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DC Universe's women of color talk representation and helping fans see themselves in superheroes

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Aug 22, 2020, 5:44 PM EDT (Updated)

Superheroes do a lot to save the world, but playing one on TV and film can be just as important for those watching at home — especially when you're an actor of color.  

Grammy-winning singer and actor Estelle (Steven Universe) was quick to call attention to this during DC FanDome's "BAWSE Females of Color Within the DC Universe" panel that she moderated alongside DJ D-Nice. Joining them for the discussion were actors from various recent DC shows and movies, including Meagan Good (SHAZAM!), Candice Patton (The Flash), Tala Ashe (DC’s Legends of Tomorrow), Nafessa Williams and Chantal Thuy (Black Lightning), Anna Diop and Damaris Lewis (Titans), and the latest newcomer to the Arrowverse on The CW, Javicia Leslie (Batwoman). 

For some of the actors featured, it hasn't always been an easy road to playing their characters, starting with the moment they got their role. 

"When I was cast, there was a lot of backlash because some people were upset that it was a Black woman that they cast," said Diop about her experience playing Starfire on Titans. "[But] it's been incredible to see what that's meant for a lot of marginalized people. I had people reach out to me, be it black or gay or trans. It's incredible to be even some small inspiration to them." 

Williams agreed with this, relating her experience playing Anissa Pierce (AKA Thunder) on Black Lightning, the first Black lesbian superhero, and the fan response it's garnered as a result, with one fan even telling her that she made her feel "normal." 

"It's one thing to know there's a void for it," said Williams about the lack of representation for LGBTQ+ characters of color on TV. "But when you’re in that role and you’re getting the feedback, you realize the importance of it and how much it’s necessary and how much it's needed." 

She went on to add, "We didn't have superheroes who looked like us before." 

Ashe, who plays Zari West, the first Muslim-American superhero on DC's Legends of Tomorrow, also brought up the fact that representation is important not just in front of the camera, but also behind it in terms of production, citing how her show had hired Ubah Muhamed, a Muslim-American writer when she got cast. 

"We have to get this right," said Ashe, who's Iranian American about the importance of portraying that aspect of their characters. "Representation matters so much, [for] all brown children all over the world who are seeing someone like me and are being like ‘Oh. That opens my mind. That opens possibilities.’"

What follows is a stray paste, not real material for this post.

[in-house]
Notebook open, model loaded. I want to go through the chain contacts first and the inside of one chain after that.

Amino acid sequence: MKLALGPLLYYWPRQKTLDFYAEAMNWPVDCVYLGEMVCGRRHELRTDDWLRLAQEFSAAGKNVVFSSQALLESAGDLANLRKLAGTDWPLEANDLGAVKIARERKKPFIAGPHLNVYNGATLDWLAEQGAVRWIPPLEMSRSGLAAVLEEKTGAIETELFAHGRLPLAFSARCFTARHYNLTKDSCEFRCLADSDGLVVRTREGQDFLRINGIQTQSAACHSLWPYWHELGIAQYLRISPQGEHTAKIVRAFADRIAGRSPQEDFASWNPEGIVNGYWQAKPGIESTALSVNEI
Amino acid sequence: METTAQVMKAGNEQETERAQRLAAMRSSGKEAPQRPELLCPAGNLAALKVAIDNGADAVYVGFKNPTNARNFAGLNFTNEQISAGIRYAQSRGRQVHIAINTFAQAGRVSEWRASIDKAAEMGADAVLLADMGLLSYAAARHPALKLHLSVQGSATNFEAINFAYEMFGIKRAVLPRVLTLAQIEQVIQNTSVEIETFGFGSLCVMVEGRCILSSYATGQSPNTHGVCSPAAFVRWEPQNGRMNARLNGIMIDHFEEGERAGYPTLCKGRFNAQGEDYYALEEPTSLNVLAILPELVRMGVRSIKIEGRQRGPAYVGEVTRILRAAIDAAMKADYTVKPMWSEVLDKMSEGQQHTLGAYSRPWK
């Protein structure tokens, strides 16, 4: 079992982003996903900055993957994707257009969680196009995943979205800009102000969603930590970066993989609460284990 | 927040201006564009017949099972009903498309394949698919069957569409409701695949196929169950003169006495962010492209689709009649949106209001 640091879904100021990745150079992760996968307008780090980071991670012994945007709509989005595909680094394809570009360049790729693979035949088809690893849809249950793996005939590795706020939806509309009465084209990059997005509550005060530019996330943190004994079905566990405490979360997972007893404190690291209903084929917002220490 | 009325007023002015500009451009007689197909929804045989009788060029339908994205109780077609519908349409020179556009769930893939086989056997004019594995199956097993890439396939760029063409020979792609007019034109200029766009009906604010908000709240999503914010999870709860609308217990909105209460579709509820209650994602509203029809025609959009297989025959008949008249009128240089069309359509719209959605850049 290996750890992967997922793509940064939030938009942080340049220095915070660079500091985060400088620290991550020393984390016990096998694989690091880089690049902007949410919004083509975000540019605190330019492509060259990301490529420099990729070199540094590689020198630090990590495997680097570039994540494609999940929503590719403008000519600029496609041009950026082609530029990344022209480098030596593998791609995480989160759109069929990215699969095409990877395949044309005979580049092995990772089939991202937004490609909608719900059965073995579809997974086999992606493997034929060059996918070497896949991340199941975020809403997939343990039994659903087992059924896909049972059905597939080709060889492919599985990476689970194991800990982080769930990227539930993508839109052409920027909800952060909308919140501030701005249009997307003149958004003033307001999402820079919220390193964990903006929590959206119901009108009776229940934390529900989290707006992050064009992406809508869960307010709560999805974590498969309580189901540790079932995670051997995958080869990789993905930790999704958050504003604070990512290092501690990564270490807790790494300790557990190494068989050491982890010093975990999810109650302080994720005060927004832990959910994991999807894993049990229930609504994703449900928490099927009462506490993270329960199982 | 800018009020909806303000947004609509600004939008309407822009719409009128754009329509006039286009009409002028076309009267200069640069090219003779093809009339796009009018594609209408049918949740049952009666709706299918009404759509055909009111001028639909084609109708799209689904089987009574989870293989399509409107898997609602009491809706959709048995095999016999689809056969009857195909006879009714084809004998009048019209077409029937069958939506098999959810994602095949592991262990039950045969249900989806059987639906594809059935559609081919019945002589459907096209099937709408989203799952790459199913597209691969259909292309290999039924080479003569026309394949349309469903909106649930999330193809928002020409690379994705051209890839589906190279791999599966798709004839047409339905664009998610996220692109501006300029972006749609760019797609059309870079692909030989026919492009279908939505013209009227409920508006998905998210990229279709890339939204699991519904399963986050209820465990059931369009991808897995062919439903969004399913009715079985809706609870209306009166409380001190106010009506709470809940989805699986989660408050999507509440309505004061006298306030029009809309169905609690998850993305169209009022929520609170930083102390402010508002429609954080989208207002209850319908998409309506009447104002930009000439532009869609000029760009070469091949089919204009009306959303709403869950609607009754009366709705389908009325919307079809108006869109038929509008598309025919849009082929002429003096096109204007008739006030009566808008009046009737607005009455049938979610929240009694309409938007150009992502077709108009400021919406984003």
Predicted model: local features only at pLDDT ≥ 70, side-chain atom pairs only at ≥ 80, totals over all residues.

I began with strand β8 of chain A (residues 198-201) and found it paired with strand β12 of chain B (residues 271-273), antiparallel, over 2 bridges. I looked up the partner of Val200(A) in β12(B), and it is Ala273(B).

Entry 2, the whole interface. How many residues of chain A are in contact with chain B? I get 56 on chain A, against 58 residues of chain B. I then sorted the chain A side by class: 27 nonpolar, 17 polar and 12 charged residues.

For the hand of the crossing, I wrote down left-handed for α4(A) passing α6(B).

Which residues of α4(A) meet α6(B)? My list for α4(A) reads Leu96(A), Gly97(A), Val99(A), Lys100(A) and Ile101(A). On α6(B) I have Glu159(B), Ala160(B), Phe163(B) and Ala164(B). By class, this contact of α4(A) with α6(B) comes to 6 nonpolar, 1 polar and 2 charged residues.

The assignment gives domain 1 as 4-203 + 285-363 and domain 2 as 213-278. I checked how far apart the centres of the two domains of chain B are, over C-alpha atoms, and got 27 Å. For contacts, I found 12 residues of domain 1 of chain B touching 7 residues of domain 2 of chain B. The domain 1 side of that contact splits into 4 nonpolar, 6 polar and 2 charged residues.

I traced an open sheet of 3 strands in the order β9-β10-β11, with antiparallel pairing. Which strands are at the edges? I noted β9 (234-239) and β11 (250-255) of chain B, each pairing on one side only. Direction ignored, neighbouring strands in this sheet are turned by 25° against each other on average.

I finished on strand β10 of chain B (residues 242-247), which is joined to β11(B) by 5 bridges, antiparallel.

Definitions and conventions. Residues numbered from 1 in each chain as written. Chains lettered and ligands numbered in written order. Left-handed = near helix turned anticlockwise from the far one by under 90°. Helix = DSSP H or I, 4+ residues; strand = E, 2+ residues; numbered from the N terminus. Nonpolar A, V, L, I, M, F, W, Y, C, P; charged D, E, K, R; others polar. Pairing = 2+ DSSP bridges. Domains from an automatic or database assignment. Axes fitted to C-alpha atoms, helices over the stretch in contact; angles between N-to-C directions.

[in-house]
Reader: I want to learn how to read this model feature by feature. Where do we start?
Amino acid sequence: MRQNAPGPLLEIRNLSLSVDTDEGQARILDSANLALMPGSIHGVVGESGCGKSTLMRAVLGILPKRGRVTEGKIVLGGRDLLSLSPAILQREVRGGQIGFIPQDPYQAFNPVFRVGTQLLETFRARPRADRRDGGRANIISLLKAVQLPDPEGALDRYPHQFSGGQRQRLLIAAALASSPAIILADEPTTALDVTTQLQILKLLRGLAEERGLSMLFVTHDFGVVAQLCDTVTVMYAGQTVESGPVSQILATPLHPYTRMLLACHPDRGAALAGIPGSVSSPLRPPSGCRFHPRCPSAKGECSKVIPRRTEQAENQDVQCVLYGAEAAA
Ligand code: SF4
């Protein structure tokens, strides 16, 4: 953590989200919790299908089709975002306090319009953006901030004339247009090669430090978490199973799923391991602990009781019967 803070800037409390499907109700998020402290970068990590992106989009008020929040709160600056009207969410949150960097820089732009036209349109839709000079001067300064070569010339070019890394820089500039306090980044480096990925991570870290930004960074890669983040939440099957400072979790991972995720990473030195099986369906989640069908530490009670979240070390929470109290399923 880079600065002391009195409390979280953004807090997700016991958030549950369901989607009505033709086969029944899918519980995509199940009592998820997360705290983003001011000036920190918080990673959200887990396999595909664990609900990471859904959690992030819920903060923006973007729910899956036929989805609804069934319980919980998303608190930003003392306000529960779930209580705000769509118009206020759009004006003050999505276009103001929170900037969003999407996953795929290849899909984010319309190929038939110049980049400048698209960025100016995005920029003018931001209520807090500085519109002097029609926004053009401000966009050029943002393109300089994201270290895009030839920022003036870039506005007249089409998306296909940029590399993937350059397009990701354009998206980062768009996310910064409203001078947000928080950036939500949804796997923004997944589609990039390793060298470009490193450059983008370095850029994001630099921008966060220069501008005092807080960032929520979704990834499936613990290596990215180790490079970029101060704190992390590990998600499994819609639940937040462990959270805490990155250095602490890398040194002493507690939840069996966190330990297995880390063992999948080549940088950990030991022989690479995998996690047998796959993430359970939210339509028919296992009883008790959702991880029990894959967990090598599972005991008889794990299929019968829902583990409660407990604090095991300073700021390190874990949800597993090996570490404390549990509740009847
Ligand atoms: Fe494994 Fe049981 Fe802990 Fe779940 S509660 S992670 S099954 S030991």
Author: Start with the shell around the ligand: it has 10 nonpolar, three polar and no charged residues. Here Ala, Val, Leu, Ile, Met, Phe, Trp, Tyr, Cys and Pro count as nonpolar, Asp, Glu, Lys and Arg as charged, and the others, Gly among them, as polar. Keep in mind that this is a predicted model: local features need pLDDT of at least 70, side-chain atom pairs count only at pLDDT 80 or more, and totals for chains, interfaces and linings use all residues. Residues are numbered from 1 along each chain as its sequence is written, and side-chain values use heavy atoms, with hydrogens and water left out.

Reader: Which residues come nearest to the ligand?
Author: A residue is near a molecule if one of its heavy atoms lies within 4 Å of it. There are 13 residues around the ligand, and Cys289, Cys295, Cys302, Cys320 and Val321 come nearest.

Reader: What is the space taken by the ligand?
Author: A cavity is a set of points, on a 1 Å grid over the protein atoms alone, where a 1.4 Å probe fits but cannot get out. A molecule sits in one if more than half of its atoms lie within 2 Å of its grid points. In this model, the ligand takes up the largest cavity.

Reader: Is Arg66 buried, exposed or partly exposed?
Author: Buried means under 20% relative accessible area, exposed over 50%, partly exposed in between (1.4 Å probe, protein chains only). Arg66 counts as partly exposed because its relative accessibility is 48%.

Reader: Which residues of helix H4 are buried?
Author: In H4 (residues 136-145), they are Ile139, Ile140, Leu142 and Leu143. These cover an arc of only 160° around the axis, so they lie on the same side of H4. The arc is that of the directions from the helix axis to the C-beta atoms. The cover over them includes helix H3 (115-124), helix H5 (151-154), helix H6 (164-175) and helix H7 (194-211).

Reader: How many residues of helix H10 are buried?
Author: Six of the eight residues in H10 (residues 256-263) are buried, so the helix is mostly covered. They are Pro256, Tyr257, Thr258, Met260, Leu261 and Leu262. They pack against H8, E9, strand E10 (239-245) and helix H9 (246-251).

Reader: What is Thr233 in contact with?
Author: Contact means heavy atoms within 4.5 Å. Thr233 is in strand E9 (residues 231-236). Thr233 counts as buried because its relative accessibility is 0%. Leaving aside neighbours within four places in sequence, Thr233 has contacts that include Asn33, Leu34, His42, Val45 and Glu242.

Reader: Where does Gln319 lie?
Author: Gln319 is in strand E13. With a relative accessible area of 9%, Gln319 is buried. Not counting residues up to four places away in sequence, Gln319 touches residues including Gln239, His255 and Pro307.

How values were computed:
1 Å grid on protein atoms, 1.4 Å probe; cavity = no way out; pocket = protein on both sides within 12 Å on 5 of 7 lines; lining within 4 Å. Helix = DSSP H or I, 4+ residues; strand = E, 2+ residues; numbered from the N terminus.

She also brought up the importance of having inclusive characters like hers on TV, as it allows people who may have never interacted with someone like that a chance to connect with someone they may never directly interact with. 

"I think it’s important we keep the ‘American’ part of it because it’s so easy to otherize in these situations," said Ashe about that aspect of her character's identity and the role it plays in breaking down boundaries. "[There are] people who are in parts of the [United States] who will never be exposed to a Muslim American. If they can connect to a character, I feel like we've done our job." 

Part of this job, according to Damaris Lewis who plays Blackfire on Titans, is to also ensure there's more representation for those that come after them. 

"Being a 'Bawse' is about making more 'Bawses," said the actor, referring to the title used in the panel name. "We have to give it up for the people who came before us, who took the crap and showed up every day with the circumstances they were handed. I don't think they get enough credit... We are here because of previous 'bawses' and now it's our obligation to reach down and make even more." 

Shazam! 2 is currently set to hit theaters on Nov. 4, 2022. No news on when the rest of the Arrowverse shows will go into production for the next season, though all the shows are set to return to TV in 2021. 

Click here for more of SYFY WIRE's coverage of DC FanDome.


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